(back bias field 150% of run field)
gif animation
gif animation
inject: V(S) = 0, V(W) = 8, V(C,A) = 2
run: V(C) = 0, V(A) = 2, V(S,W) = 2.5

The plug volume decreases as the back bias field increases.
inject: V(S) = 0, V(W) = 8, V(C,A) = 2
run: V(C) = 0, V(A,S,W) = 3

The plug can't escape the cross at this back bias field.
Movies
Movies

large (600x600)
small (300x300)

still pictures: gif archive

large (600x600)
small (300x300)

still pictures: gif archive

   
Too Much Back Bias
(back bias field 200% of run field)
 
Floated Injection
(with full back bias)
gif animation
gif animation
inject: V(S) = 0, V(W) = 8, V(C,A) = 2
run: V(C) = 0, V(A) = 2, V(S,W) = 4

This back bias field fully thwarts the run field.
inject: V(S) = 0, V(W) = 8, V(C,A) = float
run: V(C) = 0, V(A,S,W) = 2,

The plug can be made significantly larger by floating C,A
during the injection. Back biasing removes the trailing edge.
Movies
Movies

large (600x600)
small (300x300)

still pictures: gif archive

large (600x600)
small (300x300)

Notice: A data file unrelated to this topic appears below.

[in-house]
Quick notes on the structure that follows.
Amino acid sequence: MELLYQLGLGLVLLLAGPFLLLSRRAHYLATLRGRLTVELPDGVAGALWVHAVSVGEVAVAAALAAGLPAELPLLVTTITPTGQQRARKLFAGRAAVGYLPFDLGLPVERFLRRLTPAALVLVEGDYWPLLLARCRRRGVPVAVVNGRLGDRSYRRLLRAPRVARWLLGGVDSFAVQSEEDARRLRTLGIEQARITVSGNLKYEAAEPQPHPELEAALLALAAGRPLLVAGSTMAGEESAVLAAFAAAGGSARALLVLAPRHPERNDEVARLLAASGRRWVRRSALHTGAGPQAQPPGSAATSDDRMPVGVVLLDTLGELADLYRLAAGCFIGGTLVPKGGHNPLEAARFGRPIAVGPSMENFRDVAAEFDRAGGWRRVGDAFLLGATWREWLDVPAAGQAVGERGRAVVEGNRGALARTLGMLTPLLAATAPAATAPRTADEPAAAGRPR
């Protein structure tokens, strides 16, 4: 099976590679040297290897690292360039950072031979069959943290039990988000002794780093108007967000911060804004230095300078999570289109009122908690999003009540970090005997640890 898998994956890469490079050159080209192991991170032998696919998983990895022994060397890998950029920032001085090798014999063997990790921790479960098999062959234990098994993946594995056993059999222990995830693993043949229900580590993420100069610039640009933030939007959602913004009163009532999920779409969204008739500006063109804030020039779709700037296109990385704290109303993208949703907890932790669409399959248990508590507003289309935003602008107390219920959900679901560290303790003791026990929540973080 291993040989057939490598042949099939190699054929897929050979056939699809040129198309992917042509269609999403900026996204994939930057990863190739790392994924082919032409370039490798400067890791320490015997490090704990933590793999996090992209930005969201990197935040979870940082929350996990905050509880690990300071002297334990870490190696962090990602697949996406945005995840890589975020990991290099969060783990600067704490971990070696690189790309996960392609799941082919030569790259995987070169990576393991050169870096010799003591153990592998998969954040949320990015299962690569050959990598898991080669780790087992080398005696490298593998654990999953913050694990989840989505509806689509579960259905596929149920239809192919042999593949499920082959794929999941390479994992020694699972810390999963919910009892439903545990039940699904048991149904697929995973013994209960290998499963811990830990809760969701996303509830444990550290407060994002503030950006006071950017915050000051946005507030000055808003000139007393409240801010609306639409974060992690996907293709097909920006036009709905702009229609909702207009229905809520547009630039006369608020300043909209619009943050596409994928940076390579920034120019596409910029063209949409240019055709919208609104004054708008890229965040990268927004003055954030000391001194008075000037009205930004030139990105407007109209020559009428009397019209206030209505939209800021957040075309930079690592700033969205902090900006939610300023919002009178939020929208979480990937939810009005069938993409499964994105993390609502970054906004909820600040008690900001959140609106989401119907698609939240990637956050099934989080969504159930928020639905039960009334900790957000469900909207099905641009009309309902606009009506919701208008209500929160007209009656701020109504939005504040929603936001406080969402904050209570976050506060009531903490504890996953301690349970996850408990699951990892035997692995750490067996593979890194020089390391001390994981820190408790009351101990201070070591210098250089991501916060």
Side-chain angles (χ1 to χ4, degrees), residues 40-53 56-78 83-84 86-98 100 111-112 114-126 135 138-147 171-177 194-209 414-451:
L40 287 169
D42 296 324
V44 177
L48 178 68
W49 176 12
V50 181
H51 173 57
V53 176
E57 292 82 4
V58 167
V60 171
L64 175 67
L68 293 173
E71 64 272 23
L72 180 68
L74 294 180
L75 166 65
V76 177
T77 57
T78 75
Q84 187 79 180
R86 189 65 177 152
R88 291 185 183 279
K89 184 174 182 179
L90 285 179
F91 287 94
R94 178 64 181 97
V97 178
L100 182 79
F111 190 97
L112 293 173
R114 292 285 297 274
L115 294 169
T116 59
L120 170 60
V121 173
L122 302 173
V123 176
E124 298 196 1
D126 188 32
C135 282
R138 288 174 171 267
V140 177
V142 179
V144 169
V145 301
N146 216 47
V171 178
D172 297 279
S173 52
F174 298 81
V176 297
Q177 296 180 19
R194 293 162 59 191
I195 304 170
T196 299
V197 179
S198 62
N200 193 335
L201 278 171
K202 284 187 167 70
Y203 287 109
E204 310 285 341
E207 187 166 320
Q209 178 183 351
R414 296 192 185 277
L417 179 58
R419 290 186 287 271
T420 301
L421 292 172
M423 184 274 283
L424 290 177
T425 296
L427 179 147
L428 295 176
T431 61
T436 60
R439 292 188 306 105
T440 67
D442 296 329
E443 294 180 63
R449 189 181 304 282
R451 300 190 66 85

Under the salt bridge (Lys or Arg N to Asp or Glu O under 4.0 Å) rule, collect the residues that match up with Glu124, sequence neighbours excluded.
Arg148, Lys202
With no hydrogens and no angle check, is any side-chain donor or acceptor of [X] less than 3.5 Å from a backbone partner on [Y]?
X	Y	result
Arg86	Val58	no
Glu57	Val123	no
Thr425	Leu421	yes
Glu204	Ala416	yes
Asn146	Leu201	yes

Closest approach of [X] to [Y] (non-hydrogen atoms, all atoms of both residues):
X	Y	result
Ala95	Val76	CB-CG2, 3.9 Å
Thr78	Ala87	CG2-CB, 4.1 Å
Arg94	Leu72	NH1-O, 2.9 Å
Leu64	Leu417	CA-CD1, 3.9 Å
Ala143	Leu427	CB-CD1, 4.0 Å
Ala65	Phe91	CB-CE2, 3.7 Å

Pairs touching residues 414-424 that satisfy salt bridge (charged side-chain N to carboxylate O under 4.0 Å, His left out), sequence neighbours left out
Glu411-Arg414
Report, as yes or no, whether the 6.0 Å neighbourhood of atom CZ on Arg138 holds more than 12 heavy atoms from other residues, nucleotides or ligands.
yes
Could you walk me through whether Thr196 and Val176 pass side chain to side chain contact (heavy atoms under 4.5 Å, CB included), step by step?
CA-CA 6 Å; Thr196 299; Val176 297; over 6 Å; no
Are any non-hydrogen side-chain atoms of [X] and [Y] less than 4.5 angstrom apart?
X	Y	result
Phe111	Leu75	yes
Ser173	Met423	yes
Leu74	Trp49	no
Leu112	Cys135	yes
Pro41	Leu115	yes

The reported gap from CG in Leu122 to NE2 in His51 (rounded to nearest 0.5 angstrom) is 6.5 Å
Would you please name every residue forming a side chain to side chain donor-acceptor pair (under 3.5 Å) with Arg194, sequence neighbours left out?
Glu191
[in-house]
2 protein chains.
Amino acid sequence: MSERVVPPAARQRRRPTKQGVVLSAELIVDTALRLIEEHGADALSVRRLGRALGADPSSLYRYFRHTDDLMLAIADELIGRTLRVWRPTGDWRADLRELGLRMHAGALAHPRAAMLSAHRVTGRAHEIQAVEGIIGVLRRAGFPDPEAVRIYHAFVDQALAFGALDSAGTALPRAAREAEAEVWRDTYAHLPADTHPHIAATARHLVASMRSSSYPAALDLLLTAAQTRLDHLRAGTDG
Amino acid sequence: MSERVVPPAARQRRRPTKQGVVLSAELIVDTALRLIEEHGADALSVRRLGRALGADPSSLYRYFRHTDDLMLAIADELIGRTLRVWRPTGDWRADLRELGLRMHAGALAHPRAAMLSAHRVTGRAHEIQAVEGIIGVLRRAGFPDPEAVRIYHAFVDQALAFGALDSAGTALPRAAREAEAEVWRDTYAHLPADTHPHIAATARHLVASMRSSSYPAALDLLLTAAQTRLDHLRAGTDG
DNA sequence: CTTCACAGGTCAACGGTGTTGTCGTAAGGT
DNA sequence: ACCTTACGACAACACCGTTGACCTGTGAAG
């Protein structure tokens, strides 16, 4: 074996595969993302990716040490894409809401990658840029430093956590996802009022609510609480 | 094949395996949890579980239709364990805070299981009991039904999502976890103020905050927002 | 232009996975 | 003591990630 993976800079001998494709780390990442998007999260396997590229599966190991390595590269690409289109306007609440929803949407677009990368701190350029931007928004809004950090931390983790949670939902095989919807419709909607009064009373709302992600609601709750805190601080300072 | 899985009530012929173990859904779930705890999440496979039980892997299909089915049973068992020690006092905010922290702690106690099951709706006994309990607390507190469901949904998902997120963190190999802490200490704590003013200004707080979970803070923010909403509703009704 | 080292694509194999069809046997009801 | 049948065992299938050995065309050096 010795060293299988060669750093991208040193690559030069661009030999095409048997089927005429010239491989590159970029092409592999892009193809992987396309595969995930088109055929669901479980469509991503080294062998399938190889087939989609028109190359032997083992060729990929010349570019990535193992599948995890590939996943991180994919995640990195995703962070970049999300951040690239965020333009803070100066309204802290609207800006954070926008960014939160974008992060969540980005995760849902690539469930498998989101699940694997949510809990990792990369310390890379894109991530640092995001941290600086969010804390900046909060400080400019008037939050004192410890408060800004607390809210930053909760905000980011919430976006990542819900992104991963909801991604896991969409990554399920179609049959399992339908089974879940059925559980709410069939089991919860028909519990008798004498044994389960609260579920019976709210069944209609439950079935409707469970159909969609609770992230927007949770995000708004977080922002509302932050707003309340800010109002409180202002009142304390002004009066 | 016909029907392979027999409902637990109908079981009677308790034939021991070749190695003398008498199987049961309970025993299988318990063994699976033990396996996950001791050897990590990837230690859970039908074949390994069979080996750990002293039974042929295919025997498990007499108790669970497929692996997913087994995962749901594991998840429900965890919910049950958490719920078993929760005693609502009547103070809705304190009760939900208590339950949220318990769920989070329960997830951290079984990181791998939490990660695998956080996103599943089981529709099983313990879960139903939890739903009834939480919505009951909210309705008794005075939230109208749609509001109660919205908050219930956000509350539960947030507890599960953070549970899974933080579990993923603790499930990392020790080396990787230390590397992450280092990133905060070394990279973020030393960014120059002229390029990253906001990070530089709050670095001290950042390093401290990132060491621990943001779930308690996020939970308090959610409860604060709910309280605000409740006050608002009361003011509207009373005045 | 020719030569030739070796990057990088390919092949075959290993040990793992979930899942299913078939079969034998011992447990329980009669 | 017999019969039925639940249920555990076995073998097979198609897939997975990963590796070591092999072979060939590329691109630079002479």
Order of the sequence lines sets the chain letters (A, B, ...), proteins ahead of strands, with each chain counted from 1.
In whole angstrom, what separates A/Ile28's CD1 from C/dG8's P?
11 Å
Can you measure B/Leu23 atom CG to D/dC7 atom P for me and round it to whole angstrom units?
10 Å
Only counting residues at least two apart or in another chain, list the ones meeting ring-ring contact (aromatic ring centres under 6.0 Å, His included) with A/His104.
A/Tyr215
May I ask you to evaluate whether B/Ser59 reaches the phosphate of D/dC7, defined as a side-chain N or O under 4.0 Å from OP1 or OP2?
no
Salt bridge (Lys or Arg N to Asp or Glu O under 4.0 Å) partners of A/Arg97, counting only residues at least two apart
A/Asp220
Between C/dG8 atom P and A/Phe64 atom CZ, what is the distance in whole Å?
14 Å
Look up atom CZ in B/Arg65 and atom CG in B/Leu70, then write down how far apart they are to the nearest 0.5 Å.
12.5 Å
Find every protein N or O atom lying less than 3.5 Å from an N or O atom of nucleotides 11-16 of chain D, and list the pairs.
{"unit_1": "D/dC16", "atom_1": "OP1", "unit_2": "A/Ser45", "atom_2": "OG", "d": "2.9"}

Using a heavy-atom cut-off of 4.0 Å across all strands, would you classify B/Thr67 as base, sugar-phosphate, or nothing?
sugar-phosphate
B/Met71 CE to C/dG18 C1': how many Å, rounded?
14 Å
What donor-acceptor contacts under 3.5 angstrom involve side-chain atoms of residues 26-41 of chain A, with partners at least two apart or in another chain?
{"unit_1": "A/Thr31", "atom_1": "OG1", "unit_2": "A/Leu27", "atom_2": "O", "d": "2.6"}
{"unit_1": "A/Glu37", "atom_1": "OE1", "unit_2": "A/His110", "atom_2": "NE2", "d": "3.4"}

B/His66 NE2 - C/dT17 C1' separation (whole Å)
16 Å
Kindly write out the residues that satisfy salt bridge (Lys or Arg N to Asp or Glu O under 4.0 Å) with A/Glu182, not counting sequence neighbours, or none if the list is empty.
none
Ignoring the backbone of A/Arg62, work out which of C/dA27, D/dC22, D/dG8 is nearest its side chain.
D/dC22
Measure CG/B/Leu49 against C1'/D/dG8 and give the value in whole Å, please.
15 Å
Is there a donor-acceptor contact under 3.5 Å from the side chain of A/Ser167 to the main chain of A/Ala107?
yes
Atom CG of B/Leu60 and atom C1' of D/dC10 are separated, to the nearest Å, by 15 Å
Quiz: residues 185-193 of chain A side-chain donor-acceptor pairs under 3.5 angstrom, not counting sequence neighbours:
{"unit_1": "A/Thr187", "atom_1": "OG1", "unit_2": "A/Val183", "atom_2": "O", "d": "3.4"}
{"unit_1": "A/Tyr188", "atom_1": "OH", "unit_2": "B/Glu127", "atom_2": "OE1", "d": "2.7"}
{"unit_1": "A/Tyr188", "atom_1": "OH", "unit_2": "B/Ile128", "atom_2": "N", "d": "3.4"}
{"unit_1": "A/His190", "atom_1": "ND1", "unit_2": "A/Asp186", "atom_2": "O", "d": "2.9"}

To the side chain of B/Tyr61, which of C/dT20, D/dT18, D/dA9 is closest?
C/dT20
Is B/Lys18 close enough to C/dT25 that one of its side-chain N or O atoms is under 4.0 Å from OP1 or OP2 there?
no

still pictures: gif archive

   
Delayed Back Bias
(full back bias delayed 1 s)
 
High Diffusivity
(D=1e-6 cm^2/, floated injection)
gif animation
gif animation
inject: V(S) = 0, V(W) = 8, V(C,A) = 2
delay: V(C) = 0, V(A) = 2, V(S,W) = float
run: V(C) = 0, V(A) = 2, V(S,W) = 2

The plug is allowed to escape from the cross region before
back biasing can reduce its volume
inject: V(S) = 0, V(W) = 8, V(C,A) =float
run: V(C) = 0, V(A,S,W) = 2

Diffusive dispersion will broaden this wide plug, but
the effect will be small in proportion to the plug length.
Movies
Movies

large (600x600)
small (300x300)

still pictures: gif archive

large (600x600)
small (300x300)

still pictures: gif archive

   
High Diffusivity
(D=1e-6 cm^2/, pinched injection)
 
gif animation

All of these movies were created using a custom
colormap in Tecplot.

Black is zero concentration
Blue is 33% concentration
Green is 100% concentration
and a linear gradient exists between each.

Movies using the standard "small rainbow"
colormap can be found on this page
[coming soon]

inject: V(S) = 0, V(W) = 8, V(C,A) = 2
run: V(C) = 0, V(A) = 2, V(S,W) = 2

Diffusive band broadening is clearly evident for this small plug
 
Movies

large (600x600)
small (300x300)

still pictures: gif archive

 

   

Computation Details